Tendency of being violent, being of criminal mindset, troubles in reasoning, increased self harming tendency, less impulse control, high risk behavior, and low self esteem, intense reactions are also mentioned amongst the symptoms of different kinds of unmada.

PTSD which is common outcome of childhood trauma will present with behavioral changes, avoiding once liked activities, difficulty in focusing, overreacting, anxiousness, depression, increased sadness or fear, increased anger or aggression, volatile emotions, isolation, avoidance, hyperactivity, irritability, attention issues, development of new fears, concerns about safety and death, being hyper-vigilant, problems with people and authority figures, not gelling with people, detachment, changes in appetite and sleeping etc, which are all found in cases of unmada.

Understanding these concepts from Ayurveda perspective would enable the physician to think of treating these conditions on the lines of ‘treatment principles of unmada’. Bhutonmada and its treatment too shall be considered.

Read more: Unmada-Insanity: Ayurvedic Understanding And Management

Rajas and Tamas involvement

The manas is made up of three attributes – sattva, raja and tama. Raja (rajas) and Tama (tamas) are said to be the doshas i.e. contaminants of the mind. In the pathological conditions related to mind, the mind doshas i.e. rajas and tamas are mainly vitiated.

From a childhood trauma perspective – Childhood trauma can result in high and low end behaviors of the child. Being angry and hyperactive can be a high end behavior and is attributed to the imbalance or predominance of rajas quality of the mind. Similarly, being depressed, isolation, low attention, detachment etc can be regarded as low end behaviors which are due to imbalance or predominance of tamas quality in the mind. The same doshas i.e. rajas and tamas are said to contaminate the manovaha srotas also.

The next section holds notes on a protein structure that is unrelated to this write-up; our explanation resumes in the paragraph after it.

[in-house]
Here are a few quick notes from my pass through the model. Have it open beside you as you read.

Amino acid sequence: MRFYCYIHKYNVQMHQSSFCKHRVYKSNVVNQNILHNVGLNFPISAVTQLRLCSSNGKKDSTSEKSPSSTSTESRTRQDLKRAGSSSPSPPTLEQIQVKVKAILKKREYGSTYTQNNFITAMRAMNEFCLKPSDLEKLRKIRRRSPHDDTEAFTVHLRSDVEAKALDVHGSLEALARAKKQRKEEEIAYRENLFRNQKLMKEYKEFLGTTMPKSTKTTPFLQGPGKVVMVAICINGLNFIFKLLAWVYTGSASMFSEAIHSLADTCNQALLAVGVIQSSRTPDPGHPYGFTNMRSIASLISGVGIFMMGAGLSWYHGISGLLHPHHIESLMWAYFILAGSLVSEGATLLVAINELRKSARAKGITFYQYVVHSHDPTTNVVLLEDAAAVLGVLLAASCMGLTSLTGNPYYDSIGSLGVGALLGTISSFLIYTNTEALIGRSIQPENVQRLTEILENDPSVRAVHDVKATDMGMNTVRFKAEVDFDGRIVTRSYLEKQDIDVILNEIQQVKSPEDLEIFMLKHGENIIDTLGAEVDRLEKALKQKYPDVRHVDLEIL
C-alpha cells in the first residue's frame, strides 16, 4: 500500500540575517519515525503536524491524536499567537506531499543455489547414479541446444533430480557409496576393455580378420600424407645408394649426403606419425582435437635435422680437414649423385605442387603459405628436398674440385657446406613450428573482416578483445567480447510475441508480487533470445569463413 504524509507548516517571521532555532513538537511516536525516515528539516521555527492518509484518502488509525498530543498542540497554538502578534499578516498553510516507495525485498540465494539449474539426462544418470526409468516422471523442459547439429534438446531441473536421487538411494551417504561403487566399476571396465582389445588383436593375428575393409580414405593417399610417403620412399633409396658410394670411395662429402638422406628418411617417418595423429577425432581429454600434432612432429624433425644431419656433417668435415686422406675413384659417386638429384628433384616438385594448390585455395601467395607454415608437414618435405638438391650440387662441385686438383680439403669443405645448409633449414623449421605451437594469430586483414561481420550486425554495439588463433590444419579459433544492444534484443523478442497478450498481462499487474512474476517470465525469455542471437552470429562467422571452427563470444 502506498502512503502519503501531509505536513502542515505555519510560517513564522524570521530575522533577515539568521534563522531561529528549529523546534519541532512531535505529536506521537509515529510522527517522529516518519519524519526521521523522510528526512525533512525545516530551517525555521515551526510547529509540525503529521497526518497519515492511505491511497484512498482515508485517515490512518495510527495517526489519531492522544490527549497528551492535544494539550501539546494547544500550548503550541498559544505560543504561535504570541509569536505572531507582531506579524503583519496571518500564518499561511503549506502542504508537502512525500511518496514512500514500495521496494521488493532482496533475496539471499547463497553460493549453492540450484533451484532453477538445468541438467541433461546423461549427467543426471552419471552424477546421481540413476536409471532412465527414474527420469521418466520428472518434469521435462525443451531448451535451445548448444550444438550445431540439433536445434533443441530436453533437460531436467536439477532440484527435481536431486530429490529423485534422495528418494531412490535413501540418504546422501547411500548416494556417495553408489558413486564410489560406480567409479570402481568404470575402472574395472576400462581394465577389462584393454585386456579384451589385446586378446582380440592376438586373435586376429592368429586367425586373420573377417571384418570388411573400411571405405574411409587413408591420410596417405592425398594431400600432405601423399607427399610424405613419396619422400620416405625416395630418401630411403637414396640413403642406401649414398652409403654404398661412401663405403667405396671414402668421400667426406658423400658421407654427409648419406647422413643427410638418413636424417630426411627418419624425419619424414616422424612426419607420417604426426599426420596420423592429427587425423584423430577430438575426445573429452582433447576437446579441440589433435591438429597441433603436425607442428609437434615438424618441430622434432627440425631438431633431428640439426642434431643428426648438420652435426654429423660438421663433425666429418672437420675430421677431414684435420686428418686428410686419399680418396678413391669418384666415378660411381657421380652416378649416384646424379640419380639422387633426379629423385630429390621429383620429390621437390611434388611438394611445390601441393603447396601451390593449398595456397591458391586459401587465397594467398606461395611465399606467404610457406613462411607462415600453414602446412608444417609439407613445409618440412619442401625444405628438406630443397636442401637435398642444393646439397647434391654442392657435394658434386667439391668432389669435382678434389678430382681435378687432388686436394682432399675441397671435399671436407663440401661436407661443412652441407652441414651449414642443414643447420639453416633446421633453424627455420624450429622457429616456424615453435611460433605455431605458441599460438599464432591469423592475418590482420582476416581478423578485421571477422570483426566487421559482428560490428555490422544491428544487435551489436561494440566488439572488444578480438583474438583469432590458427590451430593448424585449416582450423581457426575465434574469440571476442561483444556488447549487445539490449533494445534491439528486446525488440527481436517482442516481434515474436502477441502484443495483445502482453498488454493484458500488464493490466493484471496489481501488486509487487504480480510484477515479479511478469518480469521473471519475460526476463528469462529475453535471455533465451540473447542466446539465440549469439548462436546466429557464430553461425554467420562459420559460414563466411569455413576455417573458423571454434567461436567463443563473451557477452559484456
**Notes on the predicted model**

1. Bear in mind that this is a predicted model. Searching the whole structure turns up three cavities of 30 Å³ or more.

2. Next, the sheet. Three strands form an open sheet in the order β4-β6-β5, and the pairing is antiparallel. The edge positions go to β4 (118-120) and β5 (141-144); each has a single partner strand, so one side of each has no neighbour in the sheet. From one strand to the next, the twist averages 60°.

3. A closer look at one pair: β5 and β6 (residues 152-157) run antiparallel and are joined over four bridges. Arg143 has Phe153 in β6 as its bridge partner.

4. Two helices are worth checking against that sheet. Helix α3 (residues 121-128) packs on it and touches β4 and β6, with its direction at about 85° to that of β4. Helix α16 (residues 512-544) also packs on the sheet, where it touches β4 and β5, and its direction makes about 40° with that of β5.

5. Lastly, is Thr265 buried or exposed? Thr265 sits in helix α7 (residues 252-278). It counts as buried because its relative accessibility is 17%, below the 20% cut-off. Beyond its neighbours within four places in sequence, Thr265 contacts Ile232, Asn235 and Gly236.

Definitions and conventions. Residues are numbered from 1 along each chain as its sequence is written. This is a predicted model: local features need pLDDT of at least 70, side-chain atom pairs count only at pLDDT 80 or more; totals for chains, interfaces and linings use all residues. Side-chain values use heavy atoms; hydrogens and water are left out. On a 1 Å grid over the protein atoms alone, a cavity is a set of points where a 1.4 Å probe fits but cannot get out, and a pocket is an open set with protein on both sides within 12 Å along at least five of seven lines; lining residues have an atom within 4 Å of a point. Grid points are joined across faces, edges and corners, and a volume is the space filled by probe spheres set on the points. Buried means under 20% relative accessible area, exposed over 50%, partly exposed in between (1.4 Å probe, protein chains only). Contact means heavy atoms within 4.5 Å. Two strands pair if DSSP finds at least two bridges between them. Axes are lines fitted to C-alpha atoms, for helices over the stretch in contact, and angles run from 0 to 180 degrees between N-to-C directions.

When physical trauma leads to mental symptoms in childhood trauma, the physical doshas i.e. vata, pitta and kapha would get aggravated first and later contaminate the manas, manovaha srotas and later rajas and tamas get involved in the pathogenesis and symptoms of childhood trauma. When childhood trauma is directly due to imbalance or aggravation of mental doshas, the rajas and tamas qualities are first disturbed and disturb the mind. In the later time, the physical doshas too would get involved giving rise to physical symptoms.

Understanding this would enable the physician to analyze rajas and tamas imbalances in childhood trauma, to reason out physical symptoms in mental trauma and mental symptoms in physical trauma.

Apasmara – memory disorders, epilepsy

Apasmara is one of the diseases related to the mind. Apasmara has been popularly equated with epilepsy / epileptic disorders. But the definition of apasmara points towards ‘memory related disorders’. When the word ‘bhibhatsa chesta’ i.e. scary / abnormal physical activities (which denotes seizures) is understood along with ‘smruteh apagamanam’ i.e. deviation of memory (fluctuations in memory) the condition would look like epilepsy. The morbid doshas are said to cause Apasmara when they get lodged in the Hrt-Srotas i.e. channels of the hrdaya . Here the channels of hrdaya shall be considered as the same 10 dhamanis mentioned in the context of mind related channels and hrdaya shall be considered as brain.

From a childhood trauma perspective – Epileptic seizures have not been explained in the context of childhood trauma but memory fluctuations and memory disorders with or without neurological disorders are common. Finding trouble in reasoning, inability to prepare for the future, inability to plan are related to disturbances in memory and thought process and constitute apasmara.